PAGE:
Is the Central Belt (perceived to be) colonial? ...and other tales

Suzy Glass, 8 September 2012

A small and fluid group gathered to discuss this question. Or in fact, not really to discuss this question, but to pick up on issues it perhaps alludes to. I'm going to try to represent some of the conversations we had, although they were nuanced and often multi-layered, so this is definitely a distillation. We didn't all agree all the time!

We started off talking about how artists working in small places (villages, islands) can get their work heard or seen. Perhaps the lack of ability to shout about work is part of the reason why the Central Belt appears to be so dominant. Is there a lack of effective marketing, is there a lack of effective talent spotting?

One of the group wondered whether there's a bit of snobbery around the work made in very rural locations. If you're from and work on a small island, do people in the Central Belt presume that your work is going to be parochial?

We talked about finding ways of pairing up and sharing skills and experiences across the Central Belt & the Highlands. Is it possible to develop working methodologies whereby artists genuinely collaborate in order to exchange values and gain exposure to each others' territories. This inherently deals with the colonial issue.

In general it was felt that theatre in the Highlands might benefit from being ‘experiential’. While it's difficult to develop and attract audiences to venues, people

seem to react really well to promenade and sited work. Is it because things are literally appearing in front of people, we can encounter the arts in our daily lives.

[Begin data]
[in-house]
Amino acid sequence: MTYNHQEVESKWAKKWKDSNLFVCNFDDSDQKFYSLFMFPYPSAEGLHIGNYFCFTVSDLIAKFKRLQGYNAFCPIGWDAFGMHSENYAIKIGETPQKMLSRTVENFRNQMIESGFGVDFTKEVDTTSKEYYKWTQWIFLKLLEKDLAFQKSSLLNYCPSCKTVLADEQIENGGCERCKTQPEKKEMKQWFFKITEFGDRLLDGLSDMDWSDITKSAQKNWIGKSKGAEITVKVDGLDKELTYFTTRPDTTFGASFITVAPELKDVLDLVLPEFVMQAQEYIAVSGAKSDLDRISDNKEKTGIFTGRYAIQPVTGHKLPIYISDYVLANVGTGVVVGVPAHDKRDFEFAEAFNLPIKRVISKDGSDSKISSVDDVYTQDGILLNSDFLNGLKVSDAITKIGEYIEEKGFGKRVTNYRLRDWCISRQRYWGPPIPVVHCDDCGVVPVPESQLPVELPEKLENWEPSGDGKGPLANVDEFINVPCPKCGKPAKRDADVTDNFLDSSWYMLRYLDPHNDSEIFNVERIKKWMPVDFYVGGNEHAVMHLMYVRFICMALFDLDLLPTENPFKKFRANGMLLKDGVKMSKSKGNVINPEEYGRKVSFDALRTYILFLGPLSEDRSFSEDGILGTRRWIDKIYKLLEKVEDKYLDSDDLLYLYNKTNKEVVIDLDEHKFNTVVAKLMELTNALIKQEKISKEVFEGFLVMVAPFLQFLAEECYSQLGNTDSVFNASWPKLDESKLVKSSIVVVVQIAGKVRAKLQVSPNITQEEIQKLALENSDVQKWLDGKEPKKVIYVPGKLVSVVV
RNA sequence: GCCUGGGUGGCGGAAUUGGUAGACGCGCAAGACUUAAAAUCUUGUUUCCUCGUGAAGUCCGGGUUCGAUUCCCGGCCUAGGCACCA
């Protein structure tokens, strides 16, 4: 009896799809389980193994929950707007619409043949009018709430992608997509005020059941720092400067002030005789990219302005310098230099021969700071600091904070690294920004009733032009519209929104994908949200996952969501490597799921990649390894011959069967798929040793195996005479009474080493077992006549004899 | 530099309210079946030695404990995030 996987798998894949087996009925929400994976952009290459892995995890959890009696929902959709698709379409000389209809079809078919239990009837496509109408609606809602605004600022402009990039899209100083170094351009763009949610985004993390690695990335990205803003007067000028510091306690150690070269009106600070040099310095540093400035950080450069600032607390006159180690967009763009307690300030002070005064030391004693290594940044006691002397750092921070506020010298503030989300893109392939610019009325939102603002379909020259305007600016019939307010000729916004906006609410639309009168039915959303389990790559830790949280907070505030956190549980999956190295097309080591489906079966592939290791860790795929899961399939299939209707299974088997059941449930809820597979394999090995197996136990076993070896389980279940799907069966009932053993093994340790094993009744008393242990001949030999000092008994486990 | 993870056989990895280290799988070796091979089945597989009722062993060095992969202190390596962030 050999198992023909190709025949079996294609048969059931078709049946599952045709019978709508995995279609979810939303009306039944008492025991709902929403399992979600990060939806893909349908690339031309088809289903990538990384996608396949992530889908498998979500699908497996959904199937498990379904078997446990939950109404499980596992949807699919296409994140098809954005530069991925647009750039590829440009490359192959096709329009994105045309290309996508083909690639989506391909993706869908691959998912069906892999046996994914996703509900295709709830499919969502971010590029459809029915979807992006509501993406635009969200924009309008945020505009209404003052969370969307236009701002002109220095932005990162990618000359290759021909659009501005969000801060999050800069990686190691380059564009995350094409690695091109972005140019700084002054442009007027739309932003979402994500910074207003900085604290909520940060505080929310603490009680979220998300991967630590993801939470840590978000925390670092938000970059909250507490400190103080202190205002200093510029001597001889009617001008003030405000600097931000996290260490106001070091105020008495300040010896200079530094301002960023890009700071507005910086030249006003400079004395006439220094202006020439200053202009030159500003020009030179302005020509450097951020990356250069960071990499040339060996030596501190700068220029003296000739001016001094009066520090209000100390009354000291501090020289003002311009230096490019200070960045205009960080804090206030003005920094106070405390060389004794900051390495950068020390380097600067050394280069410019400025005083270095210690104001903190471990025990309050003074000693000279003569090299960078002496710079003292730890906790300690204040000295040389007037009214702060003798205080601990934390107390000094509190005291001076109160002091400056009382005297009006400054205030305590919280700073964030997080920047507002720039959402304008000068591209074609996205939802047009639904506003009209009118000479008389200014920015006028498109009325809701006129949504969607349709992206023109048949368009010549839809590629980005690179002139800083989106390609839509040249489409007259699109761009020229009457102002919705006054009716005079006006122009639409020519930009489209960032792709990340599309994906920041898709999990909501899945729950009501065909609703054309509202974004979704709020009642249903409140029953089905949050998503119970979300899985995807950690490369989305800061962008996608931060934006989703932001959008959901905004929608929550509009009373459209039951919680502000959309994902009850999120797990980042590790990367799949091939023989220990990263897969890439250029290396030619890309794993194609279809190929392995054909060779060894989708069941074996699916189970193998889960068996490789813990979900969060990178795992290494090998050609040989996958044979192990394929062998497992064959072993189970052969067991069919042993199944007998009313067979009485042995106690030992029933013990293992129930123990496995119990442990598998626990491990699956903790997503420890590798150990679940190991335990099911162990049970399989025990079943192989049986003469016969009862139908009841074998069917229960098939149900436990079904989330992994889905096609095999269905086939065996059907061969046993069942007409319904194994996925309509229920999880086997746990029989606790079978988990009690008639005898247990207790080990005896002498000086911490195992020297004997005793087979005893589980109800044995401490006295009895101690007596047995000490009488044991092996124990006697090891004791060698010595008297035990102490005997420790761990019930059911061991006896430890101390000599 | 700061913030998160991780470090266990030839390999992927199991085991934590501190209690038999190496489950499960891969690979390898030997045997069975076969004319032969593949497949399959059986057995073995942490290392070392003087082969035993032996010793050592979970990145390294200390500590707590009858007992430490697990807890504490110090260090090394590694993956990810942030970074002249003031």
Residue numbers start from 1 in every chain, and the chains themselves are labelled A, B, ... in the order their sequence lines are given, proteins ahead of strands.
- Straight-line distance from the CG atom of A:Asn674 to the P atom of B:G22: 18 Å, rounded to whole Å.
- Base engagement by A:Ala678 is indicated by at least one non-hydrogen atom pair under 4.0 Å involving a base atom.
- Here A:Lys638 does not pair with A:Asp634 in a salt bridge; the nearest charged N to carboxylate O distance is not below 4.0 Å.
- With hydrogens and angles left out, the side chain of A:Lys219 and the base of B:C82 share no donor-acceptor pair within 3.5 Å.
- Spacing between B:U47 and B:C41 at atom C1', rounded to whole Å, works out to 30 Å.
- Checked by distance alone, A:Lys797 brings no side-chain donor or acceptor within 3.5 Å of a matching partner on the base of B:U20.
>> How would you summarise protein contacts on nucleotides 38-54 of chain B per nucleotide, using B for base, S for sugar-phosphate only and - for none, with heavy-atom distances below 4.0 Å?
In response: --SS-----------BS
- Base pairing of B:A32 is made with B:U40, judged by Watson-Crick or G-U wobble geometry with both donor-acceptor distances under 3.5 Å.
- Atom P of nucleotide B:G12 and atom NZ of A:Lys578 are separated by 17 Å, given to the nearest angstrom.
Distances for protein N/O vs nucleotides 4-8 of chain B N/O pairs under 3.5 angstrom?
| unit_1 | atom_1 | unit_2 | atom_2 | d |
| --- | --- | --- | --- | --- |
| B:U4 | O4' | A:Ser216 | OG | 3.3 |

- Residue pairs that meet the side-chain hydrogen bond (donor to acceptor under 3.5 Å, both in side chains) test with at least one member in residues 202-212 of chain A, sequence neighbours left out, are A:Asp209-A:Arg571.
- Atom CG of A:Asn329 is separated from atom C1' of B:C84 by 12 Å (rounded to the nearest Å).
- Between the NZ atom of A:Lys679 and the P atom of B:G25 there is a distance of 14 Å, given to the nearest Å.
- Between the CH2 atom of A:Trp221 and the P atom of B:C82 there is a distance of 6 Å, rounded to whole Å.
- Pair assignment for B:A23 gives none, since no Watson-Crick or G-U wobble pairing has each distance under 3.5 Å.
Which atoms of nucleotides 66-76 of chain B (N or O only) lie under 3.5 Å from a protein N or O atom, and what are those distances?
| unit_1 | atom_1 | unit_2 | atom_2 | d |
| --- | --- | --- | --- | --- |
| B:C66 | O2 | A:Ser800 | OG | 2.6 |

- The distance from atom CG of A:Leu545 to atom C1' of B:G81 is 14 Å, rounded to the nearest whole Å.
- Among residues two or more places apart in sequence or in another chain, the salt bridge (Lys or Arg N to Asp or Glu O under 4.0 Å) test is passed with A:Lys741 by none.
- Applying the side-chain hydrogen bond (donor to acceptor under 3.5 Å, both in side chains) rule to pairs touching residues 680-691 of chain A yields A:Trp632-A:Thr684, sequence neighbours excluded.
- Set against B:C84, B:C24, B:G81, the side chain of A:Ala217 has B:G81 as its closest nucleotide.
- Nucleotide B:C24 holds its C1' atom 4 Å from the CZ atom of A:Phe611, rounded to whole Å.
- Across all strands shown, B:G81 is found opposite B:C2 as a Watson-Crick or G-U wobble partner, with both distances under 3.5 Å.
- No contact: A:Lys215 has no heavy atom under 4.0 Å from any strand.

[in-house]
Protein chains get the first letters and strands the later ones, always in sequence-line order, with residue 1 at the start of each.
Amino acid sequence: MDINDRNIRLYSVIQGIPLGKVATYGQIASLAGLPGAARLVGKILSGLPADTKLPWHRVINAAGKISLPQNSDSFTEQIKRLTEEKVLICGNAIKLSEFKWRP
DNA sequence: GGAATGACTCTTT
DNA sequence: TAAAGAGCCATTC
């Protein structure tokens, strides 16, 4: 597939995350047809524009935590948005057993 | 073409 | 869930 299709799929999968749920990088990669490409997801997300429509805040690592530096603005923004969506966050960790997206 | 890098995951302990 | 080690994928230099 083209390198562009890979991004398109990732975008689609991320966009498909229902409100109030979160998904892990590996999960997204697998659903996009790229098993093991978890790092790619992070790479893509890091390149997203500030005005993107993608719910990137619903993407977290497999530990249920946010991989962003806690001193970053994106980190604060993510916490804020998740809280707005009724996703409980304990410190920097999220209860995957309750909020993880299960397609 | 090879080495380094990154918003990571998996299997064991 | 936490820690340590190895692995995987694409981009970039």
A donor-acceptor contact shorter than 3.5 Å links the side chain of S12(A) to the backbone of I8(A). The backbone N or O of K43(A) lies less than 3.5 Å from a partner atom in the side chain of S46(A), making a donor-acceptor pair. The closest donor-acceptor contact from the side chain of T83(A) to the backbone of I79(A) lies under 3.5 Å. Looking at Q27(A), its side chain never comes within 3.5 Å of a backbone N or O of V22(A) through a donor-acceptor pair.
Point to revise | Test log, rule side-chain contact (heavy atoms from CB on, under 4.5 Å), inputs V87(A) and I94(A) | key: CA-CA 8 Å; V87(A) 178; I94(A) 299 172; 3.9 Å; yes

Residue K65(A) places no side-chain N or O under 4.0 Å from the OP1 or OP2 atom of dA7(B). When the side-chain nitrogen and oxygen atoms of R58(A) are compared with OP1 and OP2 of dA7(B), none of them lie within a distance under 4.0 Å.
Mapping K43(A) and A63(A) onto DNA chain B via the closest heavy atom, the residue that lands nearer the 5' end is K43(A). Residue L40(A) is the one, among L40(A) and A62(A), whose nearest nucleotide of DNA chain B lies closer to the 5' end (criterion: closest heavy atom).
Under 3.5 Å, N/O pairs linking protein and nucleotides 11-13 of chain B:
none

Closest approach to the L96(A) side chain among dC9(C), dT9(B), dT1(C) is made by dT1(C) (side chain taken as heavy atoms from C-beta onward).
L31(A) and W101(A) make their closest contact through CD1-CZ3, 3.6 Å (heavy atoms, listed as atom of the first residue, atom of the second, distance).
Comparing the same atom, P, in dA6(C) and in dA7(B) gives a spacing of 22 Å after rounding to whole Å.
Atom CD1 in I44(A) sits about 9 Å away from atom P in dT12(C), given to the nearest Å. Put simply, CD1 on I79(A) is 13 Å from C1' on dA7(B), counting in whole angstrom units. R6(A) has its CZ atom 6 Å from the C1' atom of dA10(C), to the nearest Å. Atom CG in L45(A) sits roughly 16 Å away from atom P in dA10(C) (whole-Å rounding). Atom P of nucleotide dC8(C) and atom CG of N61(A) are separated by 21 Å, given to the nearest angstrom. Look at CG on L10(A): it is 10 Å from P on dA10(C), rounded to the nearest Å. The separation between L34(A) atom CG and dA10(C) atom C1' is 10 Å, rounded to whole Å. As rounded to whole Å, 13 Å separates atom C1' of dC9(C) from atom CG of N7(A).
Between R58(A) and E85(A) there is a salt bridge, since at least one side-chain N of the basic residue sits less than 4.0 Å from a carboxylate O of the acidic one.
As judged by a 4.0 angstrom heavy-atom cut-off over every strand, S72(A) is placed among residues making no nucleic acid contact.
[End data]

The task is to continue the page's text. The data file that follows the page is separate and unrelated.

A little conversation then happened around perception. It's really important to believe that there can be opportunities in the Highlands. For as long as there's a perception that everything and all the opportunities are in the south and there's nothing in the south, it's likely to stay that way.

Then an impassioned plea to make sure that it's OK for Highlanders to leave...and to make sure that when they want to come back they can. This is important because it's critical for people to leave in order to have different experiences, acquire new skills, see new things. Then when they come back there's renewed enthusiasm & possibly enthusiasm.

We moved onto a conversation about infrastructure, in this instance buildings. Eden Court is the only building-based theatre organisation in the Highlands. Does this point towards a massive need for capital investment? the assumption here the wrong one? Is it more that more work is needed that's appropriate for non-professional spaces and the public realm? And with this in mind, is the Year of Natural Scotland (2013) a massive opportunity for theatre in the Highlands?


public realm, Collaboration, rural, collaboration, urban, highlands, colonial, central belt, capital